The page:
Managing growth path key to Katrina’s MSA success

22 September 2017

With its lush green landscape and stunning views across Bass Strait, Wynyard on the North West coast of Tasmania is an idyllic spot - especially for raising some of the best beef in the State.

It’s where Katrina Simpson produces cattle that consistently achieve outstanding compliance rates to Meat Standards Australia (MSA) specifications which has led her to win Tasmania’s 2017 MSA Excellence in Eating Quality Most Outstanding Beef Producer award. (Click here for more details about the Tasmania MSA Awards)

“I used to breed my own cattle but now I buy in weaners, keep them for 12 to 18 months and sell at about 300kg dressed weight,” Katrina said

“I try to source grassfed Angus or Hereford steers from local producers and which have never had hormone growth promotants (HGPs) or antibiotics

“When I buy cattle, I pay close attention to their temperament and only source quiet, well-bred animals.

A MSA registered producer for the past 10 years, Katrina said the carcase feedback provided by the MSA system was one of its key advantages

“It’s great to get the feedback and also know that consumers are getting consistent, quality meat,” Katrina said

Katrina turns off around 30 head per year, with the cattle processed at Greenham’s abattoir at nearby Smithton, to supply Greenham’s well-known Cape Grim Beef brand

Minimal, low-stress stock handling is another management tool Katrina uses to ensure the cattle meet MSA specifications, in particular the requirement for pH to be below 5.71. Producers are encouraged to keep their cattle on a rising plane of nutrition especially for the month prior to being sent to the abattoir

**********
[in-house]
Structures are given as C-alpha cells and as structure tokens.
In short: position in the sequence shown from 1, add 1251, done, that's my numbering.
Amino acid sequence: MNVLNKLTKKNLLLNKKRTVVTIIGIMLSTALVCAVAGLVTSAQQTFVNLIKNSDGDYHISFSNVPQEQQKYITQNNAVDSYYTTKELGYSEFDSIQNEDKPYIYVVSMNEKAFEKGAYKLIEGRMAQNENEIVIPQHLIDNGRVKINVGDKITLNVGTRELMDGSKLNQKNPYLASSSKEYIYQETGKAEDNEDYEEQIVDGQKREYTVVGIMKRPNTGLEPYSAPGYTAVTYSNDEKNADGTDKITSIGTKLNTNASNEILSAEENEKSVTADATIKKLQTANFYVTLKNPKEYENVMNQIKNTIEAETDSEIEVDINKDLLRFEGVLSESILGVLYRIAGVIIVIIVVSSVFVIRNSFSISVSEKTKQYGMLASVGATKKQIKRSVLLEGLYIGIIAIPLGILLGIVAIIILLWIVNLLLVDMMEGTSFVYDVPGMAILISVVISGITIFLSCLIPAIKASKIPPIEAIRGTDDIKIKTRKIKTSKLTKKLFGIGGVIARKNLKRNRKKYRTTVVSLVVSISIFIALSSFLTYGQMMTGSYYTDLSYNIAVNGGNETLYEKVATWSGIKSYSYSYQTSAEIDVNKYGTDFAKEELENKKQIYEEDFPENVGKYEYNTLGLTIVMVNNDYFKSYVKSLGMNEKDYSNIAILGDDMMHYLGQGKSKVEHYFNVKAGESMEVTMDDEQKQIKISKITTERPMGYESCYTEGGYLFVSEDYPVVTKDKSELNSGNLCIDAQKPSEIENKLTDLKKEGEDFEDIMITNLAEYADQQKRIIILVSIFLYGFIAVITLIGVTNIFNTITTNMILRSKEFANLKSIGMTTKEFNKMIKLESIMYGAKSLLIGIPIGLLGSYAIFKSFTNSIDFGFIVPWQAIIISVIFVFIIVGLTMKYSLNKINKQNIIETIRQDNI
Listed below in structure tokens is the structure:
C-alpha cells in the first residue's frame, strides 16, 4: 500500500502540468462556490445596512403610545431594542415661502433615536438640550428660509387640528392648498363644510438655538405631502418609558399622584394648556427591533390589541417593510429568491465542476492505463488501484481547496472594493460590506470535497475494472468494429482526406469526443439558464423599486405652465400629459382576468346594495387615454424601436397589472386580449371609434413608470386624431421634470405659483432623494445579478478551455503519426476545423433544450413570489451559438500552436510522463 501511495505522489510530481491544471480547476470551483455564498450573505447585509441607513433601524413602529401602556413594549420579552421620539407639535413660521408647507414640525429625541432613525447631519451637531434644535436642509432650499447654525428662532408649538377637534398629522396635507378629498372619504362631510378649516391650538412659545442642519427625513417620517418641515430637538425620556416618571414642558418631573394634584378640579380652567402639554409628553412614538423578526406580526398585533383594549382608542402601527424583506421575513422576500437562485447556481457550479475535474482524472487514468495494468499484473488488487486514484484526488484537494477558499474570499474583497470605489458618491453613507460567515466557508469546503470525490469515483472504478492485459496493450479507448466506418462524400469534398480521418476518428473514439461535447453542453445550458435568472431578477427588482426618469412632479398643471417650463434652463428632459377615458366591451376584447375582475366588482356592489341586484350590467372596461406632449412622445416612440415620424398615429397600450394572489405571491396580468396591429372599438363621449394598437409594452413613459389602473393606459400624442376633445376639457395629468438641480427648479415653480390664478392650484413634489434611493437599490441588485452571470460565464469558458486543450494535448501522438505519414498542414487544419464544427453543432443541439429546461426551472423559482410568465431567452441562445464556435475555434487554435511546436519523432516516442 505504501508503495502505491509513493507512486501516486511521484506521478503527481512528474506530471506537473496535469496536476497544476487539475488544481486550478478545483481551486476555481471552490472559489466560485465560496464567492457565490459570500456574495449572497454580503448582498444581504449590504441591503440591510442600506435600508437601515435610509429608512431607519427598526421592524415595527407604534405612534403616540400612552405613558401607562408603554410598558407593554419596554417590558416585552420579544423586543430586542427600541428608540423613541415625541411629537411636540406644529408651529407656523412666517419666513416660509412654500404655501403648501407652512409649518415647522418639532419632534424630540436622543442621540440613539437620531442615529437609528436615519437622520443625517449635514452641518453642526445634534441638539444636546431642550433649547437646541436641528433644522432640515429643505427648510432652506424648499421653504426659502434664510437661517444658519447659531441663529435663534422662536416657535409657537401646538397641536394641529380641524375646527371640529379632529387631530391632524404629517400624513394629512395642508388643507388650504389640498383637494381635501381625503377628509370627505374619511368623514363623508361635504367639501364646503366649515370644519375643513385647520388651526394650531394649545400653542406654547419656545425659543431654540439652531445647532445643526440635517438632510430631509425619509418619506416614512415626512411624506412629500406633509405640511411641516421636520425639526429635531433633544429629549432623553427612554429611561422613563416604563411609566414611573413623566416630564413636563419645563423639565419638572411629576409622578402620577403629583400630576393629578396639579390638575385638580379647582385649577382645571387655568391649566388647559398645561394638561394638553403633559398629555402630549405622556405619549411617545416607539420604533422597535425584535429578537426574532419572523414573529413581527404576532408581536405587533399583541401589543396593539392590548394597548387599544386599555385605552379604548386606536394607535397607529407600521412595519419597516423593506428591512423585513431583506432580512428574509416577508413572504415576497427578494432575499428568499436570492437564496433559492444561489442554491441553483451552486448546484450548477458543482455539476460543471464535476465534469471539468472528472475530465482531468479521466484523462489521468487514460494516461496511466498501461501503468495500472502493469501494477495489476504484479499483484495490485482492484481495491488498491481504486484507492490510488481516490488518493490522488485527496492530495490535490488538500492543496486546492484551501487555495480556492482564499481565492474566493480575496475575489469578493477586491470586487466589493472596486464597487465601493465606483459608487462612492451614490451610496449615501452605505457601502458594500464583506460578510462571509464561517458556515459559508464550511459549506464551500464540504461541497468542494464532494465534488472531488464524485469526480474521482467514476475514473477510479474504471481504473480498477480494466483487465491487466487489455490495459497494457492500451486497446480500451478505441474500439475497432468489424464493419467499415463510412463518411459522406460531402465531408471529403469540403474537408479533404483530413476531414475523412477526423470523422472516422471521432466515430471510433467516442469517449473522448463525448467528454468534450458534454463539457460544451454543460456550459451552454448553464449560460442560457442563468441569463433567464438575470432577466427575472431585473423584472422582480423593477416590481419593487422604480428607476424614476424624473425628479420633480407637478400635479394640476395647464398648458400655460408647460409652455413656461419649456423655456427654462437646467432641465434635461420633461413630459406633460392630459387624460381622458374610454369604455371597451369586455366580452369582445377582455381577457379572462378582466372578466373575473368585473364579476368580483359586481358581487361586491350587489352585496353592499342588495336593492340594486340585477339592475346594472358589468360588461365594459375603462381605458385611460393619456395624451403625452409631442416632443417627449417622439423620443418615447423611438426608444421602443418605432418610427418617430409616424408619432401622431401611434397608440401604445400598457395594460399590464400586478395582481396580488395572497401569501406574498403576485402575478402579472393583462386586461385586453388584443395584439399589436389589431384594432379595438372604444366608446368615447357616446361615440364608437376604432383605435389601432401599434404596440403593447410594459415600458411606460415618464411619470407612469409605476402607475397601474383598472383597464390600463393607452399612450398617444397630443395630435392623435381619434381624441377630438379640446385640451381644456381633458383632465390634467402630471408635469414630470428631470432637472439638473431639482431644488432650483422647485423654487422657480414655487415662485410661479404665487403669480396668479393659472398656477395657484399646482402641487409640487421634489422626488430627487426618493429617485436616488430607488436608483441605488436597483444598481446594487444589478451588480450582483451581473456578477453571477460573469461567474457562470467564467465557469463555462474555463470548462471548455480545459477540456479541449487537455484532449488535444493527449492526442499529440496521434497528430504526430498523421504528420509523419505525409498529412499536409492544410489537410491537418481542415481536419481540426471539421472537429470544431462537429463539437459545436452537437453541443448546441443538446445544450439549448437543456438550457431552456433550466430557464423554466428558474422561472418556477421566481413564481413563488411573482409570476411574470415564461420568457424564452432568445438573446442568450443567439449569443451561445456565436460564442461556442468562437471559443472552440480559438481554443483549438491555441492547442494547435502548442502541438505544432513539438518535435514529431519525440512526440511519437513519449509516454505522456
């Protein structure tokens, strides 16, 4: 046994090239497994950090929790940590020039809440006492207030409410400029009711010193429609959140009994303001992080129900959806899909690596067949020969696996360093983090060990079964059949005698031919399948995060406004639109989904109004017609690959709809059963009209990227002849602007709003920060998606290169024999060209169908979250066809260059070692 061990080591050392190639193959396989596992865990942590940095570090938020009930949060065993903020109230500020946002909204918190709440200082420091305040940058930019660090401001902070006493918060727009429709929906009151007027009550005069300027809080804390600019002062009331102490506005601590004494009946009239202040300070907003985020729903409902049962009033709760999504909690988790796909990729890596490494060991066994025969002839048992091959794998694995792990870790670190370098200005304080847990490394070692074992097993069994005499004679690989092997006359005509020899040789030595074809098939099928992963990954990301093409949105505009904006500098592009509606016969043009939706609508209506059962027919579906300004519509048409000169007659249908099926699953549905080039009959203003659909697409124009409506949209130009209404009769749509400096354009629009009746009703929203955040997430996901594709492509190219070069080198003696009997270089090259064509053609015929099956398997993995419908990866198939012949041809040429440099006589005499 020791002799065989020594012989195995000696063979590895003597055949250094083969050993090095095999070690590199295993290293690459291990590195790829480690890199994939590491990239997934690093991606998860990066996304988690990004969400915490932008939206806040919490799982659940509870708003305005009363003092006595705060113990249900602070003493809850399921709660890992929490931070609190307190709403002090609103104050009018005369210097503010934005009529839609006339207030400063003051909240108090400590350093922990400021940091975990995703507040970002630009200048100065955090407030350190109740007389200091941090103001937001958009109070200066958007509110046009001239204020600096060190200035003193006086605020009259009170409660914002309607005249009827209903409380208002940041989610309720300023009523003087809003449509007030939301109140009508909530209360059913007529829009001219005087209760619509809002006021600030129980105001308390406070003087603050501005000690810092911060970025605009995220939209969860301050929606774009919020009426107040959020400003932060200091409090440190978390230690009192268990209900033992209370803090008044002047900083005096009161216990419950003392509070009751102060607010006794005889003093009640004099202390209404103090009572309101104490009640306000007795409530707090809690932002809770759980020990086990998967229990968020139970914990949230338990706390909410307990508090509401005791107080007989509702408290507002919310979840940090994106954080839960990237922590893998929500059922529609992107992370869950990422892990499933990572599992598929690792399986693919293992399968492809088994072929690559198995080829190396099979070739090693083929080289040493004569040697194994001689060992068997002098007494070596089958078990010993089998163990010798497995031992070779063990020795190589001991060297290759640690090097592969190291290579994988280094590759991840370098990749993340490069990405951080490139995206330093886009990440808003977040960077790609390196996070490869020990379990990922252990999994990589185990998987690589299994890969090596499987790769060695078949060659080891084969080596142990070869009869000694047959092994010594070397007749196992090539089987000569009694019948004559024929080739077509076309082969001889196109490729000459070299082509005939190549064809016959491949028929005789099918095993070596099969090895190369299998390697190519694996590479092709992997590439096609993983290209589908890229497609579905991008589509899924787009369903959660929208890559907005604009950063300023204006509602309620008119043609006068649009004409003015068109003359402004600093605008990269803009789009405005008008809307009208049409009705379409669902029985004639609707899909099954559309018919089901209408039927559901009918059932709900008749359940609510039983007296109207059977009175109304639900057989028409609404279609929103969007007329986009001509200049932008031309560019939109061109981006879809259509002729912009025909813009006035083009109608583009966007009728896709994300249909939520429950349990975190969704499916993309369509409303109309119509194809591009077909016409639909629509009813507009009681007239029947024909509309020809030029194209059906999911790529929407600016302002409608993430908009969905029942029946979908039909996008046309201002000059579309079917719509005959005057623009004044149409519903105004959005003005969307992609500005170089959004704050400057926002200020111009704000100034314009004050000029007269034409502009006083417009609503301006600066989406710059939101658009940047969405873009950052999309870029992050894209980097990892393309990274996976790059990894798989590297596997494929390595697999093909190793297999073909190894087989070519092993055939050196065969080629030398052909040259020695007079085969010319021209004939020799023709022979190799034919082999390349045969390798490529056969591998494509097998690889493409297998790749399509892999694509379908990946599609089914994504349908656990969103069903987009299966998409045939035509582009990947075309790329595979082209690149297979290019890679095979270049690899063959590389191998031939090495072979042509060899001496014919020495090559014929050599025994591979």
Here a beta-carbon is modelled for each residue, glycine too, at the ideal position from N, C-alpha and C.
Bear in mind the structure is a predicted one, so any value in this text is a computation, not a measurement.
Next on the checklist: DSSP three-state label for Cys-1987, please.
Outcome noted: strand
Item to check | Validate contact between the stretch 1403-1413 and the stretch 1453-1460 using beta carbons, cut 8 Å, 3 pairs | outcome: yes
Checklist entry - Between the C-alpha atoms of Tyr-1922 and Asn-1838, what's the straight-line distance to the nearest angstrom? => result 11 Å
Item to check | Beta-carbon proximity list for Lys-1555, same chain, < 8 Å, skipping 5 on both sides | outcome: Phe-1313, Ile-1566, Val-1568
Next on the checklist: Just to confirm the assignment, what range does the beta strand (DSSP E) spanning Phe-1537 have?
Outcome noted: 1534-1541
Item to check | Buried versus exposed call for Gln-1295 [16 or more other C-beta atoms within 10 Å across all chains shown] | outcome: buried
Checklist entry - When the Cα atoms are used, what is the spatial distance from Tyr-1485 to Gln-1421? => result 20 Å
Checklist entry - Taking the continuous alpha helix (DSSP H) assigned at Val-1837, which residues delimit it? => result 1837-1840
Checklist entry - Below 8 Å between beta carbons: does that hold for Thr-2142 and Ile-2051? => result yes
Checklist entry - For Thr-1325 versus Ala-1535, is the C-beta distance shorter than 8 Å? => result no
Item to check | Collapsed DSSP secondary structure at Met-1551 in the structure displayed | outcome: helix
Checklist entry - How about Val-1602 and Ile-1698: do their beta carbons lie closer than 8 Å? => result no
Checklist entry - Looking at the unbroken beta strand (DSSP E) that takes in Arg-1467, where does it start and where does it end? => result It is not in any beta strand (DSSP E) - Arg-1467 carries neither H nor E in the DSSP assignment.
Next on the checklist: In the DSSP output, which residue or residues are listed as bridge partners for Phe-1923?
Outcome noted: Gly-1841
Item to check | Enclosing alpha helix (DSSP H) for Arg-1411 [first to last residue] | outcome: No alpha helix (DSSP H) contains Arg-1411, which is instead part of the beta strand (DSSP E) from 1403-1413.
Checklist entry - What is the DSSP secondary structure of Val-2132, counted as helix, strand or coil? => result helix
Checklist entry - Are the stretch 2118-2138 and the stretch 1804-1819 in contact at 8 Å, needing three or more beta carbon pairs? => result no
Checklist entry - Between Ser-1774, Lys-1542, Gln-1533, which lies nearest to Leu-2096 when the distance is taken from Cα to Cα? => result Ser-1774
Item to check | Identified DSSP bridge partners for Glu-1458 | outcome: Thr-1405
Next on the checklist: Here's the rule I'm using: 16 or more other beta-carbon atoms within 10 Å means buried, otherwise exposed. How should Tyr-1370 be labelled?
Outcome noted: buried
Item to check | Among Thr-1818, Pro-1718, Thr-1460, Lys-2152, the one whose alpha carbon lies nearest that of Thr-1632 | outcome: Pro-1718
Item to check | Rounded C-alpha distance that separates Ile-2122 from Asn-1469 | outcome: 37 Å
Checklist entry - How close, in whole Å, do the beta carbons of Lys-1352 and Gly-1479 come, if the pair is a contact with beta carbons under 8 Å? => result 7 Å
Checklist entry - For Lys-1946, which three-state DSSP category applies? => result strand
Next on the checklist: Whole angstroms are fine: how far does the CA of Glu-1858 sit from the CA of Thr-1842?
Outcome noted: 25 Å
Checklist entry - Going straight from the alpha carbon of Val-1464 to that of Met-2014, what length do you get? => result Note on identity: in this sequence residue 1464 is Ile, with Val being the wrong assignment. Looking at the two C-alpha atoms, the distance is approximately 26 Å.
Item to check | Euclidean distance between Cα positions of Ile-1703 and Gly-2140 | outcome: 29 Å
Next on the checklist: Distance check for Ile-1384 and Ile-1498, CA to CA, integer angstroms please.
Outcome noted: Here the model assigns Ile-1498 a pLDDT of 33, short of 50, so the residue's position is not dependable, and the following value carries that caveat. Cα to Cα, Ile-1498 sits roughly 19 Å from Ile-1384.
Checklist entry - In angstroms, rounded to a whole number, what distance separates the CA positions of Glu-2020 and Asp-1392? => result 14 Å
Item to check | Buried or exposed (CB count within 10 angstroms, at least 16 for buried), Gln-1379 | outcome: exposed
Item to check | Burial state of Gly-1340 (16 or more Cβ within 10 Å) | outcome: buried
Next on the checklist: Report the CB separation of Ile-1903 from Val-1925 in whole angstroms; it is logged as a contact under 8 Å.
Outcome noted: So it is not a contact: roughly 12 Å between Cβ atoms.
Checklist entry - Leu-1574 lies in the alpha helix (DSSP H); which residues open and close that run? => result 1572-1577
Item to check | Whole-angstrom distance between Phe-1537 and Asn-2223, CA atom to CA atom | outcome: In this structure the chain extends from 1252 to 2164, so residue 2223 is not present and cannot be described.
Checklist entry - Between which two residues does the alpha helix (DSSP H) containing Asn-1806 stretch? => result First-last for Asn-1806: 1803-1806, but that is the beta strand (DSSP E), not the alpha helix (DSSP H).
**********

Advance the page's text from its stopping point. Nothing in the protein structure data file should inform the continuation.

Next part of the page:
“The only times they’re really in the cattle yards are when they first arrive at the property, and then when they’re ready to be sent for processing,” Katrina said

With its sandy loam soil types and 900mm average annual rainfall, Katrina’s property is a combination of low and high country which she under-stocks to enable her to manage the impacts of the high rainfall on her low country. 

“The cattle are fattened on pastures year-round and then when grass quality starts to drop, they’re fed on silage and hay which I grow on the property as well,” Katrina said

“There is also some bush here which provides winter shelter and summer shade for the cattle

“They are pretty content I think.

The MSA Most Outstanding Beef Producer award was open to producers that used any production system to achieve MSA eligible cattle

For more information about the MSA system, visit:

To look at your own carcase feedback and use the MSA Index calculator, visit:

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